Paris is a stunning, grungy, smelly, delicious, sexy, crowded, imperious, cagy, mixed-up town. It’s a lot like Berlin, except the rooms are smaller, the sidewalks more narrow, the trains grittier, the food more expensive, the famous sites more dense per mile, and every corner smells like urine. But you can’t avoid being drawn to the place.
It’s a little disorienting to come here from Berlin. The European capital city layout is not so very different, where most streets have six-story high old-style apartment buildings with storefronts lining the streets. The language is still foreign but for me has so many more footholds that I can piece together most conversations, whether my own exchanges with a shopkeeper or just overheard at a café.
But it’s so outrageously beautiful here. Walking through the square to see the Notre Dame cathedral at dusk, or meandering through side streets to suddenly catch a glimpse of the Eiffel Tower a block away… it takes your breath away.
Yesterday we climbed the stairs of l’Arc de Triomphe and looked out at the city. E begged for a look through the mounted telescope, so I gave her a Euro to plunk in the slot. The lens slid open and we swung it around so she could see a close-up of the Eiffel Tower, and I knew when she found it because I heard an involuntary “Oh!” that was worth every centime.
On our first night here, after walking through the Latin Quarter down windy alleys, past outdoor cafés packed with people and softly glowing interiors, E looked up at M and, with a little hesitation, asked, “Am I allowed to like Paris more than Berlin?”
We all were experiencing that overwhelming love-at-first-sight attraction to Paris, even though M and I have been here before. Our older girls, nearly equal in height, walked ahead of us taking it all in and then turning their heads back to each other to make sure the other had seen the latest sight.
From the online photos that sold us on the Parisian apartment we’ve rented in the 10th arrondissement, we thought this might be the larger, sunnier, better flat, compared to the one we have in Berlin. But no, it’s perfect for a week’s visit but would hardly do for a year’s stay.
I’m still working here in Paris, trying to balance progress on my reports with the need to make the most of our time in the city. Yesterday I skyped with a woman in Duluth who asked how the weather was in St. Paul, because it was a chilly 39 degrees where she was. I ducked her question; the man who hired me would prefer I didn’t make a big deal of my writing from Europe about the lifespan of a nonprofit in Duluth. As far as she knew I was just three hours south of her off I-35. She did however make me wonder how our renters are faring, as they still await the installation of grandpa’s boiler.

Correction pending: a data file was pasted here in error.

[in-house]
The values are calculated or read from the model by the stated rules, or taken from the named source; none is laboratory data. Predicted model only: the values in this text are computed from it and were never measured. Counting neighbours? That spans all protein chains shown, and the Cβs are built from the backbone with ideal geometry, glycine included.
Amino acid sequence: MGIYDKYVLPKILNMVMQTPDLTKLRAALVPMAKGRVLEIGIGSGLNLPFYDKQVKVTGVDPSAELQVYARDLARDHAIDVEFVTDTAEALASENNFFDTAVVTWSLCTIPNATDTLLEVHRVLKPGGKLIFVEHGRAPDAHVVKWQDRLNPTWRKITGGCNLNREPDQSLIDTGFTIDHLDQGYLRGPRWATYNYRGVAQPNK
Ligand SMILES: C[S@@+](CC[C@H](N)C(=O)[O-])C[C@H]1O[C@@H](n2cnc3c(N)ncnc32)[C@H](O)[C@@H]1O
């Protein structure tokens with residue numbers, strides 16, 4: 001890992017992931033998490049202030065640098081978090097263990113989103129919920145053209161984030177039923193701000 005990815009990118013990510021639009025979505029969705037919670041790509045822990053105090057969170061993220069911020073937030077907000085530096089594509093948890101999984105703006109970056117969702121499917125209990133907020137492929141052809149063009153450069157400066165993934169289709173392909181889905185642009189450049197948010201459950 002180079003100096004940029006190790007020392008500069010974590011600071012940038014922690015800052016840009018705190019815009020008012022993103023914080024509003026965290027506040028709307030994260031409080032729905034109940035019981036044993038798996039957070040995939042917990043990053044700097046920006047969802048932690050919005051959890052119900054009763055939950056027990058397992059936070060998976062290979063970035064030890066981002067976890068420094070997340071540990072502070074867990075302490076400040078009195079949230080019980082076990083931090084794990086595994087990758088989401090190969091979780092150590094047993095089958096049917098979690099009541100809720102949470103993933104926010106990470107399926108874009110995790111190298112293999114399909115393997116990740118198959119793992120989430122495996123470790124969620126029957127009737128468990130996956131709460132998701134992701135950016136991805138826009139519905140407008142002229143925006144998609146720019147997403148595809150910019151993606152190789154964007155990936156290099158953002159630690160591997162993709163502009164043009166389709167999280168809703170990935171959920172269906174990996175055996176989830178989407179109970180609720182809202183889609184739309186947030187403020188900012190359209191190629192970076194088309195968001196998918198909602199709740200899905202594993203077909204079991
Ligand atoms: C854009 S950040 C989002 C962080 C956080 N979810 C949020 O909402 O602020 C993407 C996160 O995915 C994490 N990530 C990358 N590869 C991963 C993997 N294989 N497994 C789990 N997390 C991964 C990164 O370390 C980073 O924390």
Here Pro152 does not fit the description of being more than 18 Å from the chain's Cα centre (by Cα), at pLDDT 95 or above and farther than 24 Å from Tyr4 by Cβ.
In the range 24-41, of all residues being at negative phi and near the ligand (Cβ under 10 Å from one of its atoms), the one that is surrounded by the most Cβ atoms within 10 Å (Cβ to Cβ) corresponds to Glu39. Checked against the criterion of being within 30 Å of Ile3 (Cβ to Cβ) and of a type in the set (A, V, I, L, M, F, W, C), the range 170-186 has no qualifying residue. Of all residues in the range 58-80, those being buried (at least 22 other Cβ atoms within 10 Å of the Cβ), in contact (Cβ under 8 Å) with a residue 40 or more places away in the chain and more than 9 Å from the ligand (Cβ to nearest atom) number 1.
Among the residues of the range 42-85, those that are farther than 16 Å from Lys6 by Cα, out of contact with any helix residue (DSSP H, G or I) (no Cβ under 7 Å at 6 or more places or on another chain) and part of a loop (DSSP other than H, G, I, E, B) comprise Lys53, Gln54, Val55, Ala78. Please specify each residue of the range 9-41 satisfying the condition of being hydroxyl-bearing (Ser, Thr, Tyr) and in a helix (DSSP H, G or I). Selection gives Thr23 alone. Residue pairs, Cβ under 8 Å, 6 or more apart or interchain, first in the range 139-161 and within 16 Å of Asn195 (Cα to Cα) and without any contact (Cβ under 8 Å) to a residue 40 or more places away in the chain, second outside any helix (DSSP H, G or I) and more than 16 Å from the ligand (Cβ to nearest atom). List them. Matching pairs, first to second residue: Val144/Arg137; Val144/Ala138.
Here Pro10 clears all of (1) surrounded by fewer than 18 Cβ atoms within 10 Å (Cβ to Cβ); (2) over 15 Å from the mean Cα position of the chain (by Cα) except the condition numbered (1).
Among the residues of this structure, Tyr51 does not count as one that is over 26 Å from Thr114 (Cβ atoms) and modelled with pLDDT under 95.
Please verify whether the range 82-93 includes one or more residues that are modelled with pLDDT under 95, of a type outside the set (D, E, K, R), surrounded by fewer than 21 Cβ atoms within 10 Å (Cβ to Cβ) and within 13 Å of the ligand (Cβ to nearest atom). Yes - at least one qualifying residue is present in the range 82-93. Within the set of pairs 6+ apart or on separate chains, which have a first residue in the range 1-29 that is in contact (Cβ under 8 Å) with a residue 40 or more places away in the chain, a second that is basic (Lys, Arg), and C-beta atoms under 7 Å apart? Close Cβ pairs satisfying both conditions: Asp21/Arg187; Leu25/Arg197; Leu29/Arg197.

We had the chance to meet up with some American friends who live on the Left Bank. They’ve made a life here that is not so unlike ours in Berlin, except they don’t have a return date and they’ve been here for years. He works from home for an American company, and their children attend the neighborhood school. The parents speak French but aren’t immersed in it; the dad’s experience of potentially going for days without speaking French, as he works from home in English, sounds a lot like me on my laptop in Berlin, communicating in English, and then being just a little surprised every time I step out the front door and hear German all around me.
Our German neighbors have headed to Amsterdam for their fall break; upon hearing we were headed to Paris, the dad said, “You’ll have a great time. But the Frogs will make you want to come back.”
We laughed that off, but he may be right, as impolitic as he was. The effort to tell the swindlers from the indigent, the constant fending off of hucksters and buskers, trying to keep our balance in the swaying, smelly subways, the indifferent rowers, and the pushy men who cornered me in the subway station the one time I was alone, demanding “How old are you? My friend wants to kiss you” make me long for the more restrained Germans, their civility, their orderly trains, their hosed-down streets and their unfeigned interest in who you might be.
No doubt it’s our longer stay that makes the difference in our experience. If we were staying in Paris we’d avoid the touristy spots and find more local ways of enjoying the sights and experiences of this city. In Berlin we’re surrounded by locals who see us regularly, and though our language skills are minimal, they see us as more than just American tourists with play money in our pockets, there for the taking.